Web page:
You can also refer to a 1973 ad which may be the one mentioned in Cheong’s book, where in addition to those listed above, foreigners may serve as a combat medical orderly. There was, however, no specific mention of Malaysians. Even the NAVY was offering foreigners the same reward. Where one’s loyalties lie was secondary to the urgency of building up military numbers. Shoot first, integrate later. You could apply the same analogy to the current state of ping-pong. Paddler first, Singaporean second.

So how different are things these days? Check out this Navy recruitment brochure, where one prerequisite other than being Singaporean is that you’re a Singaporean PR ‘intending to take up citizenship’.  According to the QnA, you will need to be a Singapore citizen, however, before putting your ink on the contract. You also have to serve NS if you’re a second generation PR. Although there are no explicit terms and conditions guaranteeing citizenship after 2 years of wasting your life, there are subtler ways of nudging you into becoming Singaporean. In 2010, a $9000 payout to NSmen was withheld from PRs, only to be handed out once they become citizens,  serving as both reward (for citizens) and BAIT (for PRs). However, there are still many who would rather give up the PR status than submit themselves to conscription. Minister of Defence Ng En Hen revealed in 2011 that a third of male foreigners who became PRs under the sponsorship of their parents renounced their PR status just before enlistment.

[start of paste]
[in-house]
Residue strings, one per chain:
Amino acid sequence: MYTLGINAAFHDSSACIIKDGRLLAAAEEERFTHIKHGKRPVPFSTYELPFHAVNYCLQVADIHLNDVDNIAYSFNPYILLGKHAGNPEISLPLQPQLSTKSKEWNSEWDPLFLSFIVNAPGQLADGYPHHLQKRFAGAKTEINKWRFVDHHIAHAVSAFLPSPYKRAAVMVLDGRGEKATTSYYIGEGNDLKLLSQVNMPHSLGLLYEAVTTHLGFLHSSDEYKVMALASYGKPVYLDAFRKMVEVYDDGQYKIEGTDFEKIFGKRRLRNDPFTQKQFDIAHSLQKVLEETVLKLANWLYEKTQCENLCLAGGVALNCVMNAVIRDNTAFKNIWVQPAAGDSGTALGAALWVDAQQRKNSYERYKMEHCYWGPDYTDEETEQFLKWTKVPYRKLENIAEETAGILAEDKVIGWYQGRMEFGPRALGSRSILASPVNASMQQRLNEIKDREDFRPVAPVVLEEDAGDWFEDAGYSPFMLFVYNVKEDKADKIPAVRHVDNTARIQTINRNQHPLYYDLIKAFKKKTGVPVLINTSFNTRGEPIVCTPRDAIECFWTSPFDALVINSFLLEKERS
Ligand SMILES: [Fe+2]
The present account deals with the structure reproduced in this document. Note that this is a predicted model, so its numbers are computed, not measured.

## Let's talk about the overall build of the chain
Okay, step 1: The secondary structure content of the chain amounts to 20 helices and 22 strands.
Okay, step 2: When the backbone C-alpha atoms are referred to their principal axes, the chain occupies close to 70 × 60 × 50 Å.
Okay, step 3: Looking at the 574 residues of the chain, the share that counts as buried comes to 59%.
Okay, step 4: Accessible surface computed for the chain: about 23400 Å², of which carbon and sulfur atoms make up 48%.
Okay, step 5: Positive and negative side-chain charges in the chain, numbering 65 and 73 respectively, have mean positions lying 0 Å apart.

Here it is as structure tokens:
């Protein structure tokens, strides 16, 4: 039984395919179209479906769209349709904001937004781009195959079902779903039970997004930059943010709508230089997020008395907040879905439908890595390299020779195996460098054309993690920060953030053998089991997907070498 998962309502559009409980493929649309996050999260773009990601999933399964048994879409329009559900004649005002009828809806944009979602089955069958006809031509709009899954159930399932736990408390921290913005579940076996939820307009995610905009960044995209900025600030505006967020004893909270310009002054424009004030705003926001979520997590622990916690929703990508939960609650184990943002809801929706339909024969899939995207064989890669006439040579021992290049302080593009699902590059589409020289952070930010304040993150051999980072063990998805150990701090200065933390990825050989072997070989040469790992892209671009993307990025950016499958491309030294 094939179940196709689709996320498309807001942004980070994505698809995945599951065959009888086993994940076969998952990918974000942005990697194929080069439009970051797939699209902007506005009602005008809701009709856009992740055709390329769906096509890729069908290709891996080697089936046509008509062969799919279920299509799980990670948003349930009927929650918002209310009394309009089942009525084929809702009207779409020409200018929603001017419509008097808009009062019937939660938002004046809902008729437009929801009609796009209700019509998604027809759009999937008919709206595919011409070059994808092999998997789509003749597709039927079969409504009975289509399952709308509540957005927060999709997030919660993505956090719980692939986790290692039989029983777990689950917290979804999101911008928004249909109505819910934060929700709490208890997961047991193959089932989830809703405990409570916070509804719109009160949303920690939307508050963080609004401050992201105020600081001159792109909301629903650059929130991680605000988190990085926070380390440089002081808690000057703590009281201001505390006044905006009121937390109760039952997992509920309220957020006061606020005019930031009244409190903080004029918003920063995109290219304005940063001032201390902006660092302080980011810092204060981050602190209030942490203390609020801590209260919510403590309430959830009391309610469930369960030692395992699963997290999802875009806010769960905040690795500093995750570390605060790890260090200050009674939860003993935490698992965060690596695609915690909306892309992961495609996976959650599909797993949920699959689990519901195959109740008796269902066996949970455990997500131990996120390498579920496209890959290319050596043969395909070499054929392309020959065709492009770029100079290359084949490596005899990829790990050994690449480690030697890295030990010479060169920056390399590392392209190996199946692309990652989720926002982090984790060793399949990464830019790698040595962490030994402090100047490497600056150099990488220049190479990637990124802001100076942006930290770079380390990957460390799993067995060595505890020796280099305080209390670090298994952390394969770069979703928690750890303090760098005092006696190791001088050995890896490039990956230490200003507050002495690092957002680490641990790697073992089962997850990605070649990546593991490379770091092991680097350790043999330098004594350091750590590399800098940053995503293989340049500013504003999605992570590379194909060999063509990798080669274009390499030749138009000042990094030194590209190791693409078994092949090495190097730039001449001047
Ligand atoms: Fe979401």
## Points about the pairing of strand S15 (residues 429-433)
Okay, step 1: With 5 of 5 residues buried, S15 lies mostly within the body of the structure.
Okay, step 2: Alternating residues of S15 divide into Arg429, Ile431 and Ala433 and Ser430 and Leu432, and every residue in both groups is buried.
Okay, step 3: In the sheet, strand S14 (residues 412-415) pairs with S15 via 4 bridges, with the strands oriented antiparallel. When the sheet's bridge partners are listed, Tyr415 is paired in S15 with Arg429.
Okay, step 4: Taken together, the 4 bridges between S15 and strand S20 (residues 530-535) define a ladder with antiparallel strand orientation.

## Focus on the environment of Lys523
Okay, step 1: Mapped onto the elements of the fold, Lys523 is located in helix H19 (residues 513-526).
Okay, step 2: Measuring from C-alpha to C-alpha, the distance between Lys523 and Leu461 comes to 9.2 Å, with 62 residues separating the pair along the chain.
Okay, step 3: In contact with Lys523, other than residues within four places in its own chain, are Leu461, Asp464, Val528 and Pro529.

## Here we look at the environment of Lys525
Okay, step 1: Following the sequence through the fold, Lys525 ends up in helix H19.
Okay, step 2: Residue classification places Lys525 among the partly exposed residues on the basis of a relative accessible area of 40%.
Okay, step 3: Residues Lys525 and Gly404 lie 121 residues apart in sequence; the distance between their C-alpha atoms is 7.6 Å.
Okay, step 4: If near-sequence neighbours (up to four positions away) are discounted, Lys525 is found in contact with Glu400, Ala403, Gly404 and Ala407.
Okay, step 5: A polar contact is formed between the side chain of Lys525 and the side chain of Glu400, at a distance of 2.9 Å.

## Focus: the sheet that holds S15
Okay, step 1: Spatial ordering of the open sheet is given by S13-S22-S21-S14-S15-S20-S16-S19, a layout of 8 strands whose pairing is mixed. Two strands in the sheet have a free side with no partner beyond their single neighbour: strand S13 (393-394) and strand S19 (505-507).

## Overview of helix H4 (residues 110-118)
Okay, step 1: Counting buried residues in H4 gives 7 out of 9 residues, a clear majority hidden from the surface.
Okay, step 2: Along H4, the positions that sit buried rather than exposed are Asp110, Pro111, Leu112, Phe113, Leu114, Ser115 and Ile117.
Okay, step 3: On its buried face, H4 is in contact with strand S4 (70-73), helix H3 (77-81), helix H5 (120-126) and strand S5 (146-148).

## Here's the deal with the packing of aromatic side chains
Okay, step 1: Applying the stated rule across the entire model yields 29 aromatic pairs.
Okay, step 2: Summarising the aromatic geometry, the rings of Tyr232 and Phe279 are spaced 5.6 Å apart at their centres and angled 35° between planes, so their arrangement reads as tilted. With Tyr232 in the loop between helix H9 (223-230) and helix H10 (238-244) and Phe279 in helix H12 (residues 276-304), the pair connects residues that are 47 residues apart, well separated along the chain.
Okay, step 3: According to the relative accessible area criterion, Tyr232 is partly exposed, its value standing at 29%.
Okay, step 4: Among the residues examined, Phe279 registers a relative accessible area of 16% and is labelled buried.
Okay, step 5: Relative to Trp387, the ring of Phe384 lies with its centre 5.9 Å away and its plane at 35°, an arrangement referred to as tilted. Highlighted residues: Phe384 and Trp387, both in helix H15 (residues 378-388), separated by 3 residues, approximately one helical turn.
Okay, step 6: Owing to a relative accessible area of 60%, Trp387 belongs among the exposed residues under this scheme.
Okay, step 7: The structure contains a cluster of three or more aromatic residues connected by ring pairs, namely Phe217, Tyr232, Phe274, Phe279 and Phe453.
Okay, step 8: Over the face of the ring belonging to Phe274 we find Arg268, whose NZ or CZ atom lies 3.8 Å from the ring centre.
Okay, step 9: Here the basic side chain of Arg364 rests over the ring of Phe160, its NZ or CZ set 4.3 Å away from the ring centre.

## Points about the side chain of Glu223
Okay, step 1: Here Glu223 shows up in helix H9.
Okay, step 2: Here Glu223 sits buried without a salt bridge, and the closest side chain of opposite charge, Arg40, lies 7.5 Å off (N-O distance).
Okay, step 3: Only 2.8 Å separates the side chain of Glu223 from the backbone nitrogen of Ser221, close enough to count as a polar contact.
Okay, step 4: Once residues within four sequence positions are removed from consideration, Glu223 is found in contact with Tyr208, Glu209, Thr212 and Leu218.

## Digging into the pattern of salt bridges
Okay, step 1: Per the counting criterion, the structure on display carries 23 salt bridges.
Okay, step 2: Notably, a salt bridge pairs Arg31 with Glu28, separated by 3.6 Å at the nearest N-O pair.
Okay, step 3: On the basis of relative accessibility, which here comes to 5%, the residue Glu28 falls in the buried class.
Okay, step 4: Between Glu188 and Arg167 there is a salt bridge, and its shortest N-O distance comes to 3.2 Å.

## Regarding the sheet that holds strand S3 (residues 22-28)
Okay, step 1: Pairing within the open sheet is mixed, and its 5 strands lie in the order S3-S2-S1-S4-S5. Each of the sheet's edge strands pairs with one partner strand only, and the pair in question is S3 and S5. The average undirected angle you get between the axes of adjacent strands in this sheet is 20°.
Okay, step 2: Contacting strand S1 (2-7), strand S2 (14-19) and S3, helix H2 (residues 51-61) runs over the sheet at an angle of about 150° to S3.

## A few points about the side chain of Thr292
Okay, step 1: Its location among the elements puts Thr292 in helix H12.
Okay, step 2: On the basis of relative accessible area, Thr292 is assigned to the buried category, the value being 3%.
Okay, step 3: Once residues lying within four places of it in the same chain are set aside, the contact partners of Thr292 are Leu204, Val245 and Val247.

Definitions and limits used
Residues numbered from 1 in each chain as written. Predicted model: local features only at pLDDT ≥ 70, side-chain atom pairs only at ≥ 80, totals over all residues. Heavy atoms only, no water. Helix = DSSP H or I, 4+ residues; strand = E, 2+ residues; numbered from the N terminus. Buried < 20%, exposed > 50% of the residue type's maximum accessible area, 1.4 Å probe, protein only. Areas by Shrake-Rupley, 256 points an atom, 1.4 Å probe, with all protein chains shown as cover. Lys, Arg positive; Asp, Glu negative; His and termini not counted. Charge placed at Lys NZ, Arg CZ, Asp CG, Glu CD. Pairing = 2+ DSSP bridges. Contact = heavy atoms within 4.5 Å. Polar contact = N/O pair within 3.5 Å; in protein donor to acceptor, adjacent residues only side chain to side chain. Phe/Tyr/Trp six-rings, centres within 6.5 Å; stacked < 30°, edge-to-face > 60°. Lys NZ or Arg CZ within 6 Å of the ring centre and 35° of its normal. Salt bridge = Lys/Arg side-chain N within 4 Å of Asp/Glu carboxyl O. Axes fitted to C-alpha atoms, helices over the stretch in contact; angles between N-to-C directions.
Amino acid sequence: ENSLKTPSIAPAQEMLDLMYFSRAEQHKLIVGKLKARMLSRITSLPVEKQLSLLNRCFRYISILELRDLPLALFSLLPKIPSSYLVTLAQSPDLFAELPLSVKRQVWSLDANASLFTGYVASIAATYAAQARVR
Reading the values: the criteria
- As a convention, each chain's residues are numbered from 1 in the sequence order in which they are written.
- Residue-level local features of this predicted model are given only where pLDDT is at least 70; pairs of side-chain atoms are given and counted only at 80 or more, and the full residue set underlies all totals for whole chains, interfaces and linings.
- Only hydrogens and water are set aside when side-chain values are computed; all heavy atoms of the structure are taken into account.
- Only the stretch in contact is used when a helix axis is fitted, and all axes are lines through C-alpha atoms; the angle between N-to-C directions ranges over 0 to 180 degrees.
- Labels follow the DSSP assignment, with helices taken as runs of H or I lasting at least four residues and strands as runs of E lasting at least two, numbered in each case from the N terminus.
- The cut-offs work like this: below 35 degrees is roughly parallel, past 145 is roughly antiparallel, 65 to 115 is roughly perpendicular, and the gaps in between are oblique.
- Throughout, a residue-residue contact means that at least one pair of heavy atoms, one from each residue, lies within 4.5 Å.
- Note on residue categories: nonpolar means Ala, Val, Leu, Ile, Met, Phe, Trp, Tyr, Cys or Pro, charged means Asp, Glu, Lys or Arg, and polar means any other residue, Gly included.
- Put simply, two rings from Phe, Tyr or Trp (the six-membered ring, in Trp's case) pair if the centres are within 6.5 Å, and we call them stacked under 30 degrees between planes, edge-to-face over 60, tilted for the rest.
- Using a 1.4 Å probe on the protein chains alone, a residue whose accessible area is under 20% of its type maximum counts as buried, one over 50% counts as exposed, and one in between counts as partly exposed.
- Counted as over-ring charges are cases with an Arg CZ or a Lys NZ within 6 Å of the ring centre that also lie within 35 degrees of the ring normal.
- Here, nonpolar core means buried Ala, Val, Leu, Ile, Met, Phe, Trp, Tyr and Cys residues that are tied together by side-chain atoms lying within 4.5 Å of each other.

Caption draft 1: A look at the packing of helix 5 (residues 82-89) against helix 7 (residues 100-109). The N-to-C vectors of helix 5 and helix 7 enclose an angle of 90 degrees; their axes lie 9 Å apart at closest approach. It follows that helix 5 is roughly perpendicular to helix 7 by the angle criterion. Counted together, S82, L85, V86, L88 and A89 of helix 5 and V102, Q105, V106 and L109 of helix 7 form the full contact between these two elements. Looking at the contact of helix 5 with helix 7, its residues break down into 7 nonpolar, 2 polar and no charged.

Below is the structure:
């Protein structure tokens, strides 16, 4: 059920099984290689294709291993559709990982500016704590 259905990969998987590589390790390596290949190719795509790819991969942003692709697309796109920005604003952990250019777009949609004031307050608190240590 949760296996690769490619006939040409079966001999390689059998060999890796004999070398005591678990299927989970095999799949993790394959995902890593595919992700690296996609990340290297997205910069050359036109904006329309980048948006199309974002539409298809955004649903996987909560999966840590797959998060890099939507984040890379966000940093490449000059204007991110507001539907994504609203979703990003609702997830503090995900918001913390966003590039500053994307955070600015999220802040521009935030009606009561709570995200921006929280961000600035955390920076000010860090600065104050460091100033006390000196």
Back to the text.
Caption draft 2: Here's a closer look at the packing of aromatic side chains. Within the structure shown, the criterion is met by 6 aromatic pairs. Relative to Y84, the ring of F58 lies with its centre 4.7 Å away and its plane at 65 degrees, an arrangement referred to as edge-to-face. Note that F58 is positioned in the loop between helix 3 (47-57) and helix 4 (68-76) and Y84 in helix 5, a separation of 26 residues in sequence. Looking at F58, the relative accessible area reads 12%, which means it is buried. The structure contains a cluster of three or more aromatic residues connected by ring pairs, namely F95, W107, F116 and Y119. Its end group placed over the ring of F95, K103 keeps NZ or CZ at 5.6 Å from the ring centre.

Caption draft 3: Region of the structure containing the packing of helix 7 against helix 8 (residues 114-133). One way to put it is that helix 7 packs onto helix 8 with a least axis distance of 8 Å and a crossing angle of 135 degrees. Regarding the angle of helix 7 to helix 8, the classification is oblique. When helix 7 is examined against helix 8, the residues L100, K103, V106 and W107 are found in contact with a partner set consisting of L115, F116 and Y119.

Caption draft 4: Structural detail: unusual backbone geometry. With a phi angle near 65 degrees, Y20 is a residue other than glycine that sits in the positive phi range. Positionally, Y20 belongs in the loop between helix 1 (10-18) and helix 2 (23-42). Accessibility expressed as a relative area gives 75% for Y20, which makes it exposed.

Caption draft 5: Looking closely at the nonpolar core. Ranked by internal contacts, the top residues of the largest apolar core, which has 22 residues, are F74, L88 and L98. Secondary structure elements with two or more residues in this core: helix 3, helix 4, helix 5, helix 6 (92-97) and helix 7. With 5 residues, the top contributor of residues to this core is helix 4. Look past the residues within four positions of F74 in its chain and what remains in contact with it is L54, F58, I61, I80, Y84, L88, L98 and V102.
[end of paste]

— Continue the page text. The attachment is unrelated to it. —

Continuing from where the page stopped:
The government has since been juggling between having enough men in the SAF to defend the country vs retaining enough countrymen (and PRs) itself. But it’s not just prospective Singaporeans who are repelled by NS,  many born and bred here are equally reluctant to bear arms for the nation. Ng Eng Hen recently revealed an increased number of Singaporean and PR defaulters (those who failed to register or went AWOL after going abroad) this year compared to last. A sagging birth rate isn’t helping either; we can be discharging all the state of the art missiles our inflated military budget can buy, yet fire nothing but blanks in our bedrooms. You can roll in the mud, hurl a grenade or assemble a rifle in less than 30 seconds, but fail in the most basic task of replacing yourself.

But back to knuckle-dusting. It wasn’t just the 70’s that was a thugs’ life for journalists who question the status quo. The last reference about ‘knuckle-dusters’ came as late as 1994, when LKY wrote in his memoirs his affection towards political writer Catherine Lim.

Supposing Catherine Lim was writing about me and not the prime minister . .. She would not dare, right? Because my posture, my response has been such that nobody doubts that if you take me on, I will put on knuckle-dusters and catch you in a cul de sac . . . Anybody who decides to take me on needs to put on knuckle dusters.

Strong words, but you’d have little to fear really; Knuckle-dusters are banned here and we’re getting too crowded to be caught alone and defenceless in ‘cul de sacs’. But here’s what they look like, for the benefit of those who think LKY’s referring to sparring mittens. You can see it’s far too deadly a weapon even for the Teenage Mutant Ninja Turtles.

Your knuckles are dusted